People are gambling to try to pay off soaring gas and electric bills, a trade union leader has warned on the day extra help with charges was unveiled.
All UK households will get an energy bill discount of £400 this autumn, Chancellor Rishi Sunak announced.
Earlier, the Wales TUC's Shavanah Taj said pensioners were "being forced to return to work" to make ends meet.
She said teaching staff were working extra shifts in shops and hospitality to cope with the cost of living crisis.
One woman from Wrexham said she had been left with only £12.36 to last her until 18 June, forcing her to skip meals.
Carole Anne Wilson, 57, who lives alone, was forced to retire in 2019 after being diagnosed with a series of illnesses and receives Universal Credit.
Asked about Mr Sunak's measures, she said: "There's just not enough being done... there's no where for me to turn."
What is the payment?
After mounting pressure on UK ministers to do more to help people with the cost of living, Mr Sunak told MPs the poorest households would get a one-off payment of £650.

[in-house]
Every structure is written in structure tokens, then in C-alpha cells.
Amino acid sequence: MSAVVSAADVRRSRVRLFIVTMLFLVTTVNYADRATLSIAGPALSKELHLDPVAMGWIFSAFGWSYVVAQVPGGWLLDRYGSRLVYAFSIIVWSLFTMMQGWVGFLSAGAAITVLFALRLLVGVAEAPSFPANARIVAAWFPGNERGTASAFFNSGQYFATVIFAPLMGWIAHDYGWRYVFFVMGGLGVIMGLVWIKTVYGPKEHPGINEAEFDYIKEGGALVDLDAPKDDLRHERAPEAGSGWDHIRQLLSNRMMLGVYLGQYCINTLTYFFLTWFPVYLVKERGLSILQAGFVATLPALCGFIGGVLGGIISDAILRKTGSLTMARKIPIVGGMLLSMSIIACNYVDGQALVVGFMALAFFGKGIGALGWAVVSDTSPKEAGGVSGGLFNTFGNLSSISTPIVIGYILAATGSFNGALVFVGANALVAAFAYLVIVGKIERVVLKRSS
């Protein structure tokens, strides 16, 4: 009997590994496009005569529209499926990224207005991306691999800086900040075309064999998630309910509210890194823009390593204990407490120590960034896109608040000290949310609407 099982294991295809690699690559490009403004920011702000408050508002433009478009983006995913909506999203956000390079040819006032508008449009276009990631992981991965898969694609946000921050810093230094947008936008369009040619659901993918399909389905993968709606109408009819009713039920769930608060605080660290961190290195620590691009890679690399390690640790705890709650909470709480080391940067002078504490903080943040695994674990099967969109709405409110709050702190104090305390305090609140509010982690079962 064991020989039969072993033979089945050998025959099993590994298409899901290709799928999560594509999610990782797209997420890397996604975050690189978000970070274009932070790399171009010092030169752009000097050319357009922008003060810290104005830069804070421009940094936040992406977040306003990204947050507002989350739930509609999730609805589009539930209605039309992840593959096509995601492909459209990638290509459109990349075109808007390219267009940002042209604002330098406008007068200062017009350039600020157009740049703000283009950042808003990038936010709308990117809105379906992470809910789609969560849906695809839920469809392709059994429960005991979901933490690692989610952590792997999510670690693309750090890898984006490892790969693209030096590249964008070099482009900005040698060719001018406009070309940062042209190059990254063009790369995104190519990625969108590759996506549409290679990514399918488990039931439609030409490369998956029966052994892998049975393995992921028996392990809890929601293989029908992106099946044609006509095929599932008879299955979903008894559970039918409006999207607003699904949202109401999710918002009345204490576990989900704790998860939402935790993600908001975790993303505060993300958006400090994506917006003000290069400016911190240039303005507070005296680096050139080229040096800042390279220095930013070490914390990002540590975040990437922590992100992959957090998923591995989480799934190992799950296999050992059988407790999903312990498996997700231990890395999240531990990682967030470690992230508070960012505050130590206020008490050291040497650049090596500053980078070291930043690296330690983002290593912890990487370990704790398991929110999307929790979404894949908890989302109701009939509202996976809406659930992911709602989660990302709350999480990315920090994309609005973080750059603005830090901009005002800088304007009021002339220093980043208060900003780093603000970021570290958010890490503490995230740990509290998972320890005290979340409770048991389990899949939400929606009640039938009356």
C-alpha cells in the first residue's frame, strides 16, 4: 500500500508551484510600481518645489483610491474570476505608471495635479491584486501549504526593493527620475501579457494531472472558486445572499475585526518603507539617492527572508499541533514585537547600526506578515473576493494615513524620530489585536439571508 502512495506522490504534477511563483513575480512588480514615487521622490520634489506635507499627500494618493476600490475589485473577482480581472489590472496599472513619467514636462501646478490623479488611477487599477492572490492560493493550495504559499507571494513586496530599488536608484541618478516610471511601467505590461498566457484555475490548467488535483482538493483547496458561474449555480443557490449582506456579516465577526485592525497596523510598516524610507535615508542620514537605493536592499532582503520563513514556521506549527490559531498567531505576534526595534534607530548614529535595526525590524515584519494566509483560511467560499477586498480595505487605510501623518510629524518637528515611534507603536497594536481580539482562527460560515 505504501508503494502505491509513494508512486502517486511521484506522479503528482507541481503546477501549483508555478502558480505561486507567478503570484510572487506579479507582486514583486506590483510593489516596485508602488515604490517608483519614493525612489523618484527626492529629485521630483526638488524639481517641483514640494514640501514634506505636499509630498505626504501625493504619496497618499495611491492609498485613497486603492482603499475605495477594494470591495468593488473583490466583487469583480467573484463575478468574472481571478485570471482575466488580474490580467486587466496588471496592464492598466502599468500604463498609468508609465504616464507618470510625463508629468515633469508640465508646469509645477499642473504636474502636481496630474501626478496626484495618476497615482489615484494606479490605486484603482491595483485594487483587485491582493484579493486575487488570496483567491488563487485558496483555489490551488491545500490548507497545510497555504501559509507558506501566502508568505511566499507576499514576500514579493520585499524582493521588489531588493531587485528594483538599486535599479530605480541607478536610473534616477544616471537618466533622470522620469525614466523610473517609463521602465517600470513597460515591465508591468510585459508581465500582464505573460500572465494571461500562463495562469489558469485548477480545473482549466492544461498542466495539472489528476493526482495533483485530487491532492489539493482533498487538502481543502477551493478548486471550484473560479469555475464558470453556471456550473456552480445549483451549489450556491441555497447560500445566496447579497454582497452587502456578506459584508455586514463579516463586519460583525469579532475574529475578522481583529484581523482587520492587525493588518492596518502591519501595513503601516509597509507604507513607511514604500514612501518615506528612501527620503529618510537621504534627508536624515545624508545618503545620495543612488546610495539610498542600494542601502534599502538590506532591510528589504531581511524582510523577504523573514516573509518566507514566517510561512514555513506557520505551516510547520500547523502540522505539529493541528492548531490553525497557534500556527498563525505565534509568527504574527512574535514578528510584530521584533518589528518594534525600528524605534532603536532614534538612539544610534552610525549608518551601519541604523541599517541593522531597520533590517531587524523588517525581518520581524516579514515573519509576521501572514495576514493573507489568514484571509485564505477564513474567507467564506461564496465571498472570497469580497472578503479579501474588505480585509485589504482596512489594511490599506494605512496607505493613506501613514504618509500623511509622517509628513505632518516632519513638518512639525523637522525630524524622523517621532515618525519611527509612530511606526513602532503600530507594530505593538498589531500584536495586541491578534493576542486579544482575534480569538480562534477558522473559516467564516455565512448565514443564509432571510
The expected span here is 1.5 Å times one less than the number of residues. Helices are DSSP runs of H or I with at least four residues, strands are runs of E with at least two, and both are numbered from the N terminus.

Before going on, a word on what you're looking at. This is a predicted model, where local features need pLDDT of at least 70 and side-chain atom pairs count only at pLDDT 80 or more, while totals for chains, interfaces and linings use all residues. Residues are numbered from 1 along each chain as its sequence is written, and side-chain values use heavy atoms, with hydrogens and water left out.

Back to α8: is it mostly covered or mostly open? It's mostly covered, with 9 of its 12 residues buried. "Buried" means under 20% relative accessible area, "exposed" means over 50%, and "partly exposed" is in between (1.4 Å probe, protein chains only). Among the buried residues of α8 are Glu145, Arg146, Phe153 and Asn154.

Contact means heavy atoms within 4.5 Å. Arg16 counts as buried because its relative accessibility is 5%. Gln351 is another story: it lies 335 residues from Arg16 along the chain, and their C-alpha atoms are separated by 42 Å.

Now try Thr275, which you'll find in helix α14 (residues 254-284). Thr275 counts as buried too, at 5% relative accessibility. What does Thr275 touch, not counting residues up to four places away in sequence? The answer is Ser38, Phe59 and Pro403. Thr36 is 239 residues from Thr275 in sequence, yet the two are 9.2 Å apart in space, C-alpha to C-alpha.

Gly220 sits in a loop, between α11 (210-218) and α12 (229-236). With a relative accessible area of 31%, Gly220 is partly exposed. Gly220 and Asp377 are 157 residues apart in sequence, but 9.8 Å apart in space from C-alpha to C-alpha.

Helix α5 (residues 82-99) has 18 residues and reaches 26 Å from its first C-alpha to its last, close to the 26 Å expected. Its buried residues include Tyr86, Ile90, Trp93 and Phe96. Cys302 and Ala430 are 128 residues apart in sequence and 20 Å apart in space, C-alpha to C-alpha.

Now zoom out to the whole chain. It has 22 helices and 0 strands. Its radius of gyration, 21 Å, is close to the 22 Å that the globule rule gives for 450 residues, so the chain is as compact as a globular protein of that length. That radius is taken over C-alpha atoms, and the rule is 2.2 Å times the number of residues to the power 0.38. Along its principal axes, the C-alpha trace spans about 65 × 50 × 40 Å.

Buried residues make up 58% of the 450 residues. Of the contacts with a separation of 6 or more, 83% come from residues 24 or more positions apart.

There will also be a £300 one-off payment for 8 million pensioner households.
Homes not connected to the gas grid - thought to be about 19% of homes in Wales - will receive £400, Mr Sunak said.
The £15bn package of new measures will be partly funded through a 25% windfall tax on oil and gas firms' profits which have soared in recent months.
"We have a collective responsibility to help those who are paying the highest price for the high inflation we face," the chancellor said.
"That is why I'm targeting this significant support to millions of the most vulnerable people in our society."
Wales' First Minister Mark Drakeford said the measures "barely scratch the surface".
Mr Sunak's statement came hours after Wales TUC general secretary Ms Taj addressed an inquiry into the cost of living by the Senedd's economy committee.
She said while people on the very lowest incomes were being hit hardest by price rises, she was also hearing examples of how public sector workers were "very much now being squeezed".